If you have been following the trends in hybrid cars and all-electric cars, you probably think of Tesla Motors Inc. (NASDAQ: TSLA) as the winner in the high-performance electric car market. You would be correct. Then there is also the Fisker Karma, at least for now.
The Fisker Karma is a sleek car that looks something in between a sedan and a futuristic sports car. While many of the more mass market electric and hybrid cars are so ugly that you wonder if they deter environmentally friendly consumers, the Karma is truly a good looking car. The problem is that Fisker has been troubled from nearly the start and now it looks like it is about to implode.
Tesla had many pre-orders and now the company has even gone on to embark on a lease or lease-to-buy effort with the same depreciation scale as the Mercedes S class. Fisker was never so lucky and management has been lacking here to say the least. Oh, and the company is going to have an ever harder time ahead with bad PR as the taxpayer is likely going to be on the hook here.
Fisker has what looks to be a total of $192 million in loans from the Department of Energy under the Advanced Technology Vehicles Manufacturing Loan Program. We don’t have an exact figure of what is due this month, but the company has furloughed employees and has a loan repayment due in late April. Fisker has even warned that it may seek bankruptcy protection if it cannot secure financing.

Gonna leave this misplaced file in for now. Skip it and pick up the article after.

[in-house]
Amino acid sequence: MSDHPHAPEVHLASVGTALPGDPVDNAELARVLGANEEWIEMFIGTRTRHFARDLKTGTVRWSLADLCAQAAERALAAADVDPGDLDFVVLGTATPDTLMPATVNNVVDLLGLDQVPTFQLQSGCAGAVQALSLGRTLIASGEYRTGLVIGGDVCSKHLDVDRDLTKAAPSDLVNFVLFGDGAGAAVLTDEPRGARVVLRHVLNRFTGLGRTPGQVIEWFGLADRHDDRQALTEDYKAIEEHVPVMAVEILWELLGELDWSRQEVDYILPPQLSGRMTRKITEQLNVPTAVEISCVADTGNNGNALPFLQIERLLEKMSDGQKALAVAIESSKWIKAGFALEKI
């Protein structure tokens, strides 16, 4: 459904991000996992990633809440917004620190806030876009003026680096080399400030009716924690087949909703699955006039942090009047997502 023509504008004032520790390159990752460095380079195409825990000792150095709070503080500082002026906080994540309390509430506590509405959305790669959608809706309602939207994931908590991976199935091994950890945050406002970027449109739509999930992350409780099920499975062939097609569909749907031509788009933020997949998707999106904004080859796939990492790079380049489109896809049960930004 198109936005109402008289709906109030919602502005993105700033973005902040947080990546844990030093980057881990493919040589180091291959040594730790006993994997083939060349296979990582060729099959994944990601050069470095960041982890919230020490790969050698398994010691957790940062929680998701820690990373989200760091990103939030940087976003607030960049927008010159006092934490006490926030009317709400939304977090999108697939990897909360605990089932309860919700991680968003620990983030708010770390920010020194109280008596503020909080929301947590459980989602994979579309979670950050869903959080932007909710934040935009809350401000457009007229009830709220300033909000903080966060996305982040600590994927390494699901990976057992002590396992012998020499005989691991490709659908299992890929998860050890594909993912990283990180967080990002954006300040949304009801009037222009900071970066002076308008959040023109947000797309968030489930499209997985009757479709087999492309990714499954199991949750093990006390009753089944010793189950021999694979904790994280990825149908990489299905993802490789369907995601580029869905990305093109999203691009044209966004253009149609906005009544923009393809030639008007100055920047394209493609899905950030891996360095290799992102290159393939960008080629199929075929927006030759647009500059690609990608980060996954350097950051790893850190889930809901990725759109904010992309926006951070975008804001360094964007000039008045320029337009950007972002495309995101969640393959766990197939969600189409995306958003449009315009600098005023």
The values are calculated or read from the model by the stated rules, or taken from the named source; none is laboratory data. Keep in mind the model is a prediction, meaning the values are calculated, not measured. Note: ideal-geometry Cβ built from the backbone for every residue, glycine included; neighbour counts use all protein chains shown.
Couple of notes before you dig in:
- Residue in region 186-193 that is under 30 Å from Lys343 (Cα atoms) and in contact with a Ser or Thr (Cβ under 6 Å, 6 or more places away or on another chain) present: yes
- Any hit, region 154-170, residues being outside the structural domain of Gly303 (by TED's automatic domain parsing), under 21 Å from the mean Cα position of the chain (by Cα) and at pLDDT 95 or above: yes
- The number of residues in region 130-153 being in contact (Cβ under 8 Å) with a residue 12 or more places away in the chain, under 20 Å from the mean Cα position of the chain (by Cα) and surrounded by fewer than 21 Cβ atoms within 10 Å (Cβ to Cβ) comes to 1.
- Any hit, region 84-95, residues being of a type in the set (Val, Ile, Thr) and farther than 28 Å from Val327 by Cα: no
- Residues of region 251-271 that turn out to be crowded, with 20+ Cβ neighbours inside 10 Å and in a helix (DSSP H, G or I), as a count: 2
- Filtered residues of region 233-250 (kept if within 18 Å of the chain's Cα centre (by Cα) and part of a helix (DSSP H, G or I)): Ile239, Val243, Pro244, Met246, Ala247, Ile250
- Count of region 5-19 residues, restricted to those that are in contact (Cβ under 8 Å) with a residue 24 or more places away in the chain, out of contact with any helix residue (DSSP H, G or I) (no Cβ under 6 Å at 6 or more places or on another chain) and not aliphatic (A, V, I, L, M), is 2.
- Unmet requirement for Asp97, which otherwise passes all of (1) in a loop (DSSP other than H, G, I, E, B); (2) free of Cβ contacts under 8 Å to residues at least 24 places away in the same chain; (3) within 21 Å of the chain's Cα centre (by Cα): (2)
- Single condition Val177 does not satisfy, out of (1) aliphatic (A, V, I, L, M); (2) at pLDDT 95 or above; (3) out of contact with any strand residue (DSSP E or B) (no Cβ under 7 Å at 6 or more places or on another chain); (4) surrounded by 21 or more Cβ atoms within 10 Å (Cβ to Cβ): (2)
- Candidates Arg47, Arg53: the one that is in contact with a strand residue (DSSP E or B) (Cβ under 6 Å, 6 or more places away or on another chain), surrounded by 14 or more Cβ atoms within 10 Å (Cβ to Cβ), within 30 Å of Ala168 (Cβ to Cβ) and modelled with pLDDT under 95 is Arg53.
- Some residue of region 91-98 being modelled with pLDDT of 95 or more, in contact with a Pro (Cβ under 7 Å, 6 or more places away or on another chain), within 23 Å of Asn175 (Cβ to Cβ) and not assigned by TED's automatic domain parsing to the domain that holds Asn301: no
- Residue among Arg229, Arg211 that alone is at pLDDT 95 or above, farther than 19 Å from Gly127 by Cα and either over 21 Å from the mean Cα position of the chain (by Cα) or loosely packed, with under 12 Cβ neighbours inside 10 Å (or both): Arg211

To make matters worse, the company has sold only close to 2,000 cars and it has reportedly not even built a car since last July. If you have followed the Fisker saga here, its primary battery supplier is A123 Systems and A123 did such a great job of managing itself that it went bankrupt and was acquired by the Wanxiang Group in China.
Even hiring the former Chrysler president Tom Lasorda last year did not help. He left the company just after a few months and the story was that he did not think the mess could be cleaned up there. Oh, and the founder Henrik Fisker has stepped down as Chairman due to differences with management’s strategy after a DOE loan freeze and talks to sell a majority stake to Chinese bidders.
Can you imagine spending $105,000 to $110,000 for a car that is likely to not be on the road for very long? What were people thinking when they bought these cars? Maybe the hope was that the Karma would get a Delorian-like comeback as a time machine car in the movies. At least Tesla was full of orders before they started production.
The Tesla Model S sedan has now exceeded sales of 4,750 units and the company is currently profitable. The company’s latest release shows that it has delivered almost 10,000 electric vehicles to customers in 31 countries.
Tesla now has an easy way for buyers to know how they will proceed forward. Fisker buyers now have to not only wonder what they were thinking when they bought the car, but how they will resell the cars down the road (out of their garage). AutoTrader.com currently has 74 listings in the U.S. for used Fisker cars, with the lowest price for a 2012 model being about $69,000 for the car with less than 7,000 miles on it. Imagine how low those prices will get after this year if there are no Fiskers made again.
Fisker is shaping up to be a very costly consumer experiment. With the taxpayer being on the hook, Fisker is turning out to be for electric vehicles what Solyndra was for solar.